Can a neighbor claim a legal strategy of adverse possession if they have only owned the property for 8 years and rented it for the first 5 years? Does continuous mean the same owner or if the property was used in the same continuous way?
Maine law does allow "tacking" so that if the prior owner of the neighbor's property also openly used the land in question, and all the years together add up to a 20-year period, that could potentially ripen into ownership by adverse possession. There are some very important exceptions to the rule, of course, so it is always a good idea to discuss the specific facts of the case with an attorney.See question
I paid for the land over time and was in both names we broke up for 3 months and he made me sign it over to him, as I had a second mortgage that had been illegally sold after my house was taken by the bank and he did not want to take a chance on l...
While you may have a legal right to all or a partial ownership interest in the house, you would have to file a lawsuit against the ex in order to recover. The evidence to demonstrate how much money you put into the house over time, versus how much he put into it, and then the evidence about any payment you may have received sounds like it will be very messy to review and to get a court to understand. But it will be worth your while to have a lawyer review your information in detail to give you a better sense of the strength of your claim.See question
I own a piece of property with another person and we do not agree on a lot of things pertaining to the property, for instance if we should sell, rent, renovations etc. I need to know where I stand legally and if I can force a sale even though the ...
You will definitely need a lawyer to provide specific legal advice after reviewing your deeds and the law of the state where the property is located. If the land were in Maine, for example, state law does allow you to file a "partition" lawsuit that would have the result of forcing a sale, buy-out or division of the land -- and in Maine you would have the right to file such a lawsuit even though you own a smaller percentage. There are also business formation possibilities where you and the other owner may be able to agree to property management rules that would be fair. You should find a lawyer who is licensed to practice in the state where the real estate is located.See question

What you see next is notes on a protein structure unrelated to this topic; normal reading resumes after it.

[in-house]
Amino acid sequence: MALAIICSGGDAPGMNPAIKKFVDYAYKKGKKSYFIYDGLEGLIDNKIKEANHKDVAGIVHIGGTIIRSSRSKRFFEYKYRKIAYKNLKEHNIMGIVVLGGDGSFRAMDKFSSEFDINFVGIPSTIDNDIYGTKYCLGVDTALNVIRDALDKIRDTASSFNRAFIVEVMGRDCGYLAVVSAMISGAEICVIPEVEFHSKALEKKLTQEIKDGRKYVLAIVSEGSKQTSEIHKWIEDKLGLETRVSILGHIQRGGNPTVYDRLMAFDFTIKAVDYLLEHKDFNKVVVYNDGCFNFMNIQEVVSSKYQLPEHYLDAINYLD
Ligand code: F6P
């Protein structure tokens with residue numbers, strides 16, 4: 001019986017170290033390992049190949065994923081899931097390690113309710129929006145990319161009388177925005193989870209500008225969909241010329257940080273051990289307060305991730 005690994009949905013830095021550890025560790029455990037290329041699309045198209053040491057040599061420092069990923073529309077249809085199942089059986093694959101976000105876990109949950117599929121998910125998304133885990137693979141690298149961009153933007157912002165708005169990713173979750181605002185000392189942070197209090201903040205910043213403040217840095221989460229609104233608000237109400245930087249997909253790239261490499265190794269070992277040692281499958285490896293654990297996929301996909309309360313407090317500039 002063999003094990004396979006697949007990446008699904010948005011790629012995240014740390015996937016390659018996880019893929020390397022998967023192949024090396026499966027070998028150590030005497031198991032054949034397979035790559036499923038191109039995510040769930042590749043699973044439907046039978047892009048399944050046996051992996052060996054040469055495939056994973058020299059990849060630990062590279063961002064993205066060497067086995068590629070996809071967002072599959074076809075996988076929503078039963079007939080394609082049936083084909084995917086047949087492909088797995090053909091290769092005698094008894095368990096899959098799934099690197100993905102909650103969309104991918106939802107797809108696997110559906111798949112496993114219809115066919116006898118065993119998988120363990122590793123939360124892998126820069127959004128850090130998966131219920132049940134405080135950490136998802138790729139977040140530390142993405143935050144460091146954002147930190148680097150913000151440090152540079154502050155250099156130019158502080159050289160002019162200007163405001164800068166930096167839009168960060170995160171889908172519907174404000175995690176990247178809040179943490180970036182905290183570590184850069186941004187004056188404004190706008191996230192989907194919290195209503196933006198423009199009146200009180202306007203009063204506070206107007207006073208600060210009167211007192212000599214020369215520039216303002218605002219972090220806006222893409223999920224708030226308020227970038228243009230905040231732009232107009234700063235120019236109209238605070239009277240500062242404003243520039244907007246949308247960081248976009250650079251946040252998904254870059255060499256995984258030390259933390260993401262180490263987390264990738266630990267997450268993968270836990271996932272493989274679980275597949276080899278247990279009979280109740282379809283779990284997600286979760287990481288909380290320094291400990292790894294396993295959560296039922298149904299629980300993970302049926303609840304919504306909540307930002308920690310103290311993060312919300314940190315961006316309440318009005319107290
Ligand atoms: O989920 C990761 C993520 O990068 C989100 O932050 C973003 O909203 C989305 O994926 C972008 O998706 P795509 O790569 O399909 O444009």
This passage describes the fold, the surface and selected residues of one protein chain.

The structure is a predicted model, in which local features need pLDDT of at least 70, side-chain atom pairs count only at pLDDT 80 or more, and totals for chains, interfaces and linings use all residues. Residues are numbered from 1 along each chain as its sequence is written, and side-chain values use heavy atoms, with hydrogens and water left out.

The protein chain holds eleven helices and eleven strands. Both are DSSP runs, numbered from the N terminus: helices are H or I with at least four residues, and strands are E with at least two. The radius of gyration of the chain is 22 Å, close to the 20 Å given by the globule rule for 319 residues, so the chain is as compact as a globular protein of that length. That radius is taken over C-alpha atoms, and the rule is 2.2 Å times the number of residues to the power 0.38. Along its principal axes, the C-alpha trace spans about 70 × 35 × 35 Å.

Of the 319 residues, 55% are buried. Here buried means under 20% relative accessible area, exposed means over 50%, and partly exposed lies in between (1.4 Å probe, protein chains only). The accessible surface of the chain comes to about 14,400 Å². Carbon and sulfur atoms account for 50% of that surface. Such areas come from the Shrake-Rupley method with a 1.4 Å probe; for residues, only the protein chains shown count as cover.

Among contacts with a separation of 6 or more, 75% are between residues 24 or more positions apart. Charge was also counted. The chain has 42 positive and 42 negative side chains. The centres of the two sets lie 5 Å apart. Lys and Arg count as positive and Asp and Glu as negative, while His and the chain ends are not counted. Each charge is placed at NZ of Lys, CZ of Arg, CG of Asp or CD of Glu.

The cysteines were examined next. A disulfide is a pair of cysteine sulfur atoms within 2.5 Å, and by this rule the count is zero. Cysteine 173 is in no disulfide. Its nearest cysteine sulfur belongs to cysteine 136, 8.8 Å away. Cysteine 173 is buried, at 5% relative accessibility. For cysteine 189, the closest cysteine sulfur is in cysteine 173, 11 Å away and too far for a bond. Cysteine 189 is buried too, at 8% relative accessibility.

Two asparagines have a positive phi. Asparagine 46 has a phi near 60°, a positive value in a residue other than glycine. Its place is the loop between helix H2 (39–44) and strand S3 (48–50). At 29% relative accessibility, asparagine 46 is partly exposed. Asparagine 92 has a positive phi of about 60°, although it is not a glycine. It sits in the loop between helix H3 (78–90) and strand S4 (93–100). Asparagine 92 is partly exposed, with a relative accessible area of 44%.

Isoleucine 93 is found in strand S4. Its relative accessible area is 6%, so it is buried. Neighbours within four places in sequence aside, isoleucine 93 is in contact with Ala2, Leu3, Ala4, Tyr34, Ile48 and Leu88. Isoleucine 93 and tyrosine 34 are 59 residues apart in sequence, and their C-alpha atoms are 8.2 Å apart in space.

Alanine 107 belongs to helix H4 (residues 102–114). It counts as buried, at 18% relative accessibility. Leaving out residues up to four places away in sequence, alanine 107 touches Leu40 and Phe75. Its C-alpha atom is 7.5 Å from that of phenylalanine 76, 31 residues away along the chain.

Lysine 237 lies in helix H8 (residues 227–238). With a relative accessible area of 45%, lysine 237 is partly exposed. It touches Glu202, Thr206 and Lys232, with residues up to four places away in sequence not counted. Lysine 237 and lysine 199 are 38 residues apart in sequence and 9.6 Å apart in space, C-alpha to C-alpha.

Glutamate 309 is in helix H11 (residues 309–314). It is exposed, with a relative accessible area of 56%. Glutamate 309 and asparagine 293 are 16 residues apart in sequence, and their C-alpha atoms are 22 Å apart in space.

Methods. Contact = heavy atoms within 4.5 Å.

We need to know where to find free papers to download and print for Maine?
I agree with the other attorneys here, and have also referred folks to the Maine Legal Services for the Elderly website. In general, you should keep in mind that the document controlling medical decisions (called an Advanced Heath Care Directive, or sometimes "living will") is a different document entirely than the financial power of attorney. Sometimes the best person to make financial decisions is not the best person to make the medical decisions. It is important to understand that those documents do not need to name the same person for both functions.See question